• Do not wash the turkey. This spreads pathogens onto kitchen surfaces. The only way to kill bacteria that causes foodborne illness is to fully cook the turkey.
  • Refrigerate leftovers within two hours to prevent bacteria from growing on the food.

Build a Healthy Eating Style

posted Sep 19, 2017, 5:36 AM by Linda Hopey   [ updated Sep 19, 2017, 5:37 AM ]

All food and beverage choices matter – focus on variety, amount, and nutrition.

What foods are in the Protein Foods Group?

posted Oct 18, 2016, 8:23 AM by Linda Hopey

 

All foods made from meat, poultry, seafood, beans and peas, eggs, processed soy products, nuts, and seeds are considered part of the Protein Foods Group. Beans and peas are also part of the Vegetable Group. For more information on beans and peas, see Beans and Peas Are Unique Foods.

 

Select a variety of protein foods to improve nutrient intake and health benefits, including at least 8 ounces of cooked seafood per week. Young children need less, depending on their age and calorie needs. The advice to consume seafood does not apply to vegetarians. Vegetarian options in the Protein Foods Group include beans and peas, processed soy products, and nuts and seeds. Meat and poultry choices should be lean or low-fat.

 

How much food from the Protein Foods Group is needed daily?
 

The amount of food from the Protein Foods Group you need to eat depends on age, sex, and level of physical activity. Most Americans eat enough food from this group, but need to make leaner and more varied selections of these foods. Recommended daily amounts are shown in the table below.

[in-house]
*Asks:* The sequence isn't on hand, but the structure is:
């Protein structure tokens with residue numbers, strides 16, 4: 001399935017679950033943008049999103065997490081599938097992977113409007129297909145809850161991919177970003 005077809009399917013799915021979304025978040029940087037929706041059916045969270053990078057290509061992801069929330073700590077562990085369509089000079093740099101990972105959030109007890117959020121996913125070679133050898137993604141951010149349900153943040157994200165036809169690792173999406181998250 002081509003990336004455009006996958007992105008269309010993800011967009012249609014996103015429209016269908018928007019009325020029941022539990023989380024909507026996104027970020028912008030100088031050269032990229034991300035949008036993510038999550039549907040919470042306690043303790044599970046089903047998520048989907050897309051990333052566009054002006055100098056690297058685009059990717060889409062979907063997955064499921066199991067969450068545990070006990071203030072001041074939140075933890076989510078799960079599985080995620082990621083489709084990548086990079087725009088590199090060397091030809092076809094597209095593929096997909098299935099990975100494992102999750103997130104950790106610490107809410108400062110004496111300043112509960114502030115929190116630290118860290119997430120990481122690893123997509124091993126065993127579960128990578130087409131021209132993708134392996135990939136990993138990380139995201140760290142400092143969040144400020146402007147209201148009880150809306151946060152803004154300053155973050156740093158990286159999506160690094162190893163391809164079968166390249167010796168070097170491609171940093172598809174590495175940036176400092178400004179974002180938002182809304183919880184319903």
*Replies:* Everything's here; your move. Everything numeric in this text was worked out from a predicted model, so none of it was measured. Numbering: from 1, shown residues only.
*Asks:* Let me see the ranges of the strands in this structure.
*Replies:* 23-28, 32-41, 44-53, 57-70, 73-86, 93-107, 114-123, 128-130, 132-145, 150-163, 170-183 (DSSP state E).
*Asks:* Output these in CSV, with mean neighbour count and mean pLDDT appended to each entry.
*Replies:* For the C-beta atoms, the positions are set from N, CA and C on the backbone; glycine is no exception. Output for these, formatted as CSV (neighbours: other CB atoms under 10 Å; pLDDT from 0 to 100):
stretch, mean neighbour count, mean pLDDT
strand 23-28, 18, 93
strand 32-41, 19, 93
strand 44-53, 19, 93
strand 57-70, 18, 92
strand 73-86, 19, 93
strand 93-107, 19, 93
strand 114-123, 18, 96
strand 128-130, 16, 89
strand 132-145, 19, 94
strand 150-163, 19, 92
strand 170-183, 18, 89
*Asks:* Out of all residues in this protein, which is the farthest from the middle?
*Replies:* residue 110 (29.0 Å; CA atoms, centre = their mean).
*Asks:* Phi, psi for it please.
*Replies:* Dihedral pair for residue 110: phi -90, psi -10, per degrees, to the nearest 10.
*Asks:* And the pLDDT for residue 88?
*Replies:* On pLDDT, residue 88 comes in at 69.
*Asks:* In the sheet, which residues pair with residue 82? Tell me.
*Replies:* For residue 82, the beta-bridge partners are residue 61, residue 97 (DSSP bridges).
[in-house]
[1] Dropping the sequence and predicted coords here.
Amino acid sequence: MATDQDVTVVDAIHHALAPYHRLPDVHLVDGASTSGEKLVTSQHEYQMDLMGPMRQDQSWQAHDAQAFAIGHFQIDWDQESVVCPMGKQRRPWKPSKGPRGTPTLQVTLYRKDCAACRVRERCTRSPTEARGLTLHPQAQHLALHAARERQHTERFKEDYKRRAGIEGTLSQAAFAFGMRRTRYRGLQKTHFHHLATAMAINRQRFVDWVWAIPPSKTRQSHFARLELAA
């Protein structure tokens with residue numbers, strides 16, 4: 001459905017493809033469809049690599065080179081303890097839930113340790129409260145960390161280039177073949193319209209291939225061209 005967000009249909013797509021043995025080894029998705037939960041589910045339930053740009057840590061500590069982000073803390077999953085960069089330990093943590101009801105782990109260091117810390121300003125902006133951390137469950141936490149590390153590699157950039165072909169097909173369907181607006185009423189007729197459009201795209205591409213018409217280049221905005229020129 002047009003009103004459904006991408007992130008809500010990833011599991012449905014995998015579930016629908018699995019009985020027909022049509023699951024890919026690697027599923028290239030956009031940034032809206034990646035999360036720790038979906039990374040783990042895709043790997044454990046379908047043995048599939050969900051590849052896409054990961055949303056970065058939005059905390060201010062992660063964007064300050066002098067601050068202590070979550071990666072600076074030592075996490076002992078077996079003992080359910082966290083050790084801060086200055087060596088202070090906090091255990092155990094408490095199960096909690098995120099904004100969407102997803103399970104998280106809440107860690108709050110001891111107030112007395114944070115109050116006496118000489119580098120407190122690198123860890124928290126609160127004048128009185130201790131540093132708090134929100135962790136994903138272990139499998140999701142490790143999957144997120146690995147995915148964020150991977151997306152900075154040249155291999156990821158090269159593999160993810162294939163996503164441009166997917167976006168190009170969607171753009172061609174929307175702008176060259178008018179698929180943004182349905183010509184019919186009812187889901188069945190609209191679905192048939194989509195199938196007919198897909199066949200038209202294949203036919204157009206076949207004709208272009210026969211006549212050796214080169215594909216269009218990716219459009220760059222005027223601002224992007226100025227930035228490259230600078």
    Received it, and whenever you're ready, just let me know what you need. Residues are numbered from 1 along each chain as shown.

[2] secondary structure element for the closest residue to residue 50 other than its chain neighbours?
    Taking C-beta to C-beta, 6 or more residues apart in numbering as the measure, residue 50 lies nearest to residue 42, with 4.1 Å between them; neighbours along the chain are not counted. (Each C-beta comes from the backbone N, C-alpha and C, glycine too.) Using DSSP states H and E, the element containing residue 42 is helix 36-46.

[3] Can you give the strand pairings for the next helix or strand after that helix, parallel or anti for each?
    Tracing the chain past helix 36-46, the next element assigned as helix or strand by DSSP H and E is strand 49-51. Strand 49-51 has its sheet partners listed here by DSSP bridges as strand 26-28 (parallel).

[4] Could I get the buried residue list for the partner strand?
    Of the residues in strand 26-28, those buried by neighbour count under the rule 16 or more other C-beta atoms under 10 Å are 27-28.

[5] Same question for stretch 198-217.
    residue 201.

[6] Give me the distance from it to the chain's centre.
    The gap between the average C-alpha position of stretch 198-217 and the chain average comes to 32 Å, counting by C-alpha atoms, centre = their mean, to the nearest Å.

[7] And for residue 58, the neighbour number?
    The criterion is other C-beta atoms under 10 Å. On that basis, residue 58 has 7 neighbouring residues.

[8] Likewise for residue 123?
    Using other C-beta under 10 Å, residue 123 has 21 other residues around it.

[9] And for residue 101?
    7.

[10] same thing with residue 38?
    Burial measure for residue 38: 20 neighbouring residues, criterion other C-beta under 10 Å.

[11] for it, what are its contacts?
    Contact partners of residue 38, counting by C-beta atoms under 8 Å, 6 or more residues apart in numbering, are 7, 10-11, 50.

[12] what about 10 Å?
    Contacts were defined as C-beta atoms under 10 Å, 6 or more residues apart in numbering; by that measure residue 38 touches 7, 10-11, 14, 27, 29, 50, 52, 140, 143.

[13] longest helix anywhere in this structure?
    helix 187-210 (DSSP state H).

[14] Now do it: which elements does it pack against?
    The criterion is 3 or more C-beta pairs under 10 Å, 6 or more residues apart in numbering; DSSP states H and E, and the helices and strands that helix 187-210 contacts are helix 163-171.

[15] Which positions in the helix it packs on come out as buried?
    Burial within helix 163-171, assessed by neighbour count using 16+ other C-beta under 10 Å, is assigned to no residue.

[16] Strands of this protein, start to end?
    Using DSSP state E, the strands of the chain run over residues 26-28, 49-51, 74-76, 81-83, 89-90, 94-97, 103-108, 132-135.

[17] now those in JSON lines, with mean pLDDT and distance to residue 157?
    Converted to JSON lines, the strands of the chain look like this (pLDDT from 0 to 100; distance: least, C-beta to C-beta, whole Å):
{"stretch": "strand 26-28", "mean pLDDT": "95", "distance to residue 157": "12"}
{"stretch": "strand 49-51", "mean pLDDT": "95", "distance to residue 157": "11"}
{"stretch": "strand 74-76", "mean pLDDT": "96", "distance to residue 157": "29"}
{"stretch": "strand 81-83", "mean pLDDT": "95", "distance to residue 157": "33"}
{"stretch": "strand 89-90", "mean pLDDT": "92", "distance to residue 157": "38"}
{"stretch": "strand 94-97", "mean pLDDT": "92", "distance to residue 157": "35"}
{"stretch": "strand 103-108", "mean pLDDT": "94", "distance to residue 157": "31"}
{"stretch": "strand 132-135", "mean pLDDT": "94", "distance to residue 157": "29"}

Note: Click on the top row to expand the table. If you are on a mobile device, you may need to turn your phone to see the full table.

 

DAILY PROTEIN FOODS TABLE

DAILY RECOMMENDATION*

Children

2-3 years old
4-8 years old

2 ounce equivalents
4 ounce equivalents

Girls

9-13 years old
14-18 years old

5 ounce equivalents
5 ounce equivalents

Boys

9-13 years old
14-18 years old

5 ounce equivalents
6 ½ ounce equivalents

Women

19-30 years old
31-50 years old
51+ years old

5 ½ ounce equivalents
5 ounce equivalents
5 ounce equivalents

Men

19-30 years old

31-50 years old

51+ years old

6 ½ ounce equivalents
6 ounce equivalents
5 ½ ounce equivalents

 

*These amounts are appropriate for individuals who get less than 30 minutes per day of moderate physical activity, beyond normal daily activities. Those who are more physically active may be able to consume more while staying within calorie needs.

 

What counts as an ounce-equivalent in the Protein Foods Group?

In general, 1 ounce of meat, poultry or fish, ¼ cup cooked beans, 1 egg, 1 tablespoon of peanut butter, or ½ ounce of nuts or seeds can be considered as 1 ounce-equivalent from the Protein Foods Group.

 

This table below lists specific amounts that count as 1 ounce-equivalent in the Protein Foods Group towards your daily recommended intake.

Note: Click on the top row to expand the table. If you are on a mobile device, you may need to turn your phone to see the full table.

 

 

OUNCE-EQUIVALENT OF PROTEIN FOODS TABLE

 

AMOUNT THAT COUNTS AS 1 OUNCE-EQUIVALENT IN THE PROTEIN FOODS GROUP

COMMON PORTIONS AND OUNCE-EQUIVALENTS

Meats

1 ounce cooked lean beef

1 ounce cooked lean pork or ham

1 small steak (eye of round, filet) = 3 ½ to 4 ounce-equivalents

1 small lean hamburger = 2 to 3 ounce-equivalents

Poultry

1 ounce cooked chicken or turkey, without skin

1 sandwich slice of turkey (4 ½" x 2 ½" x 1/8")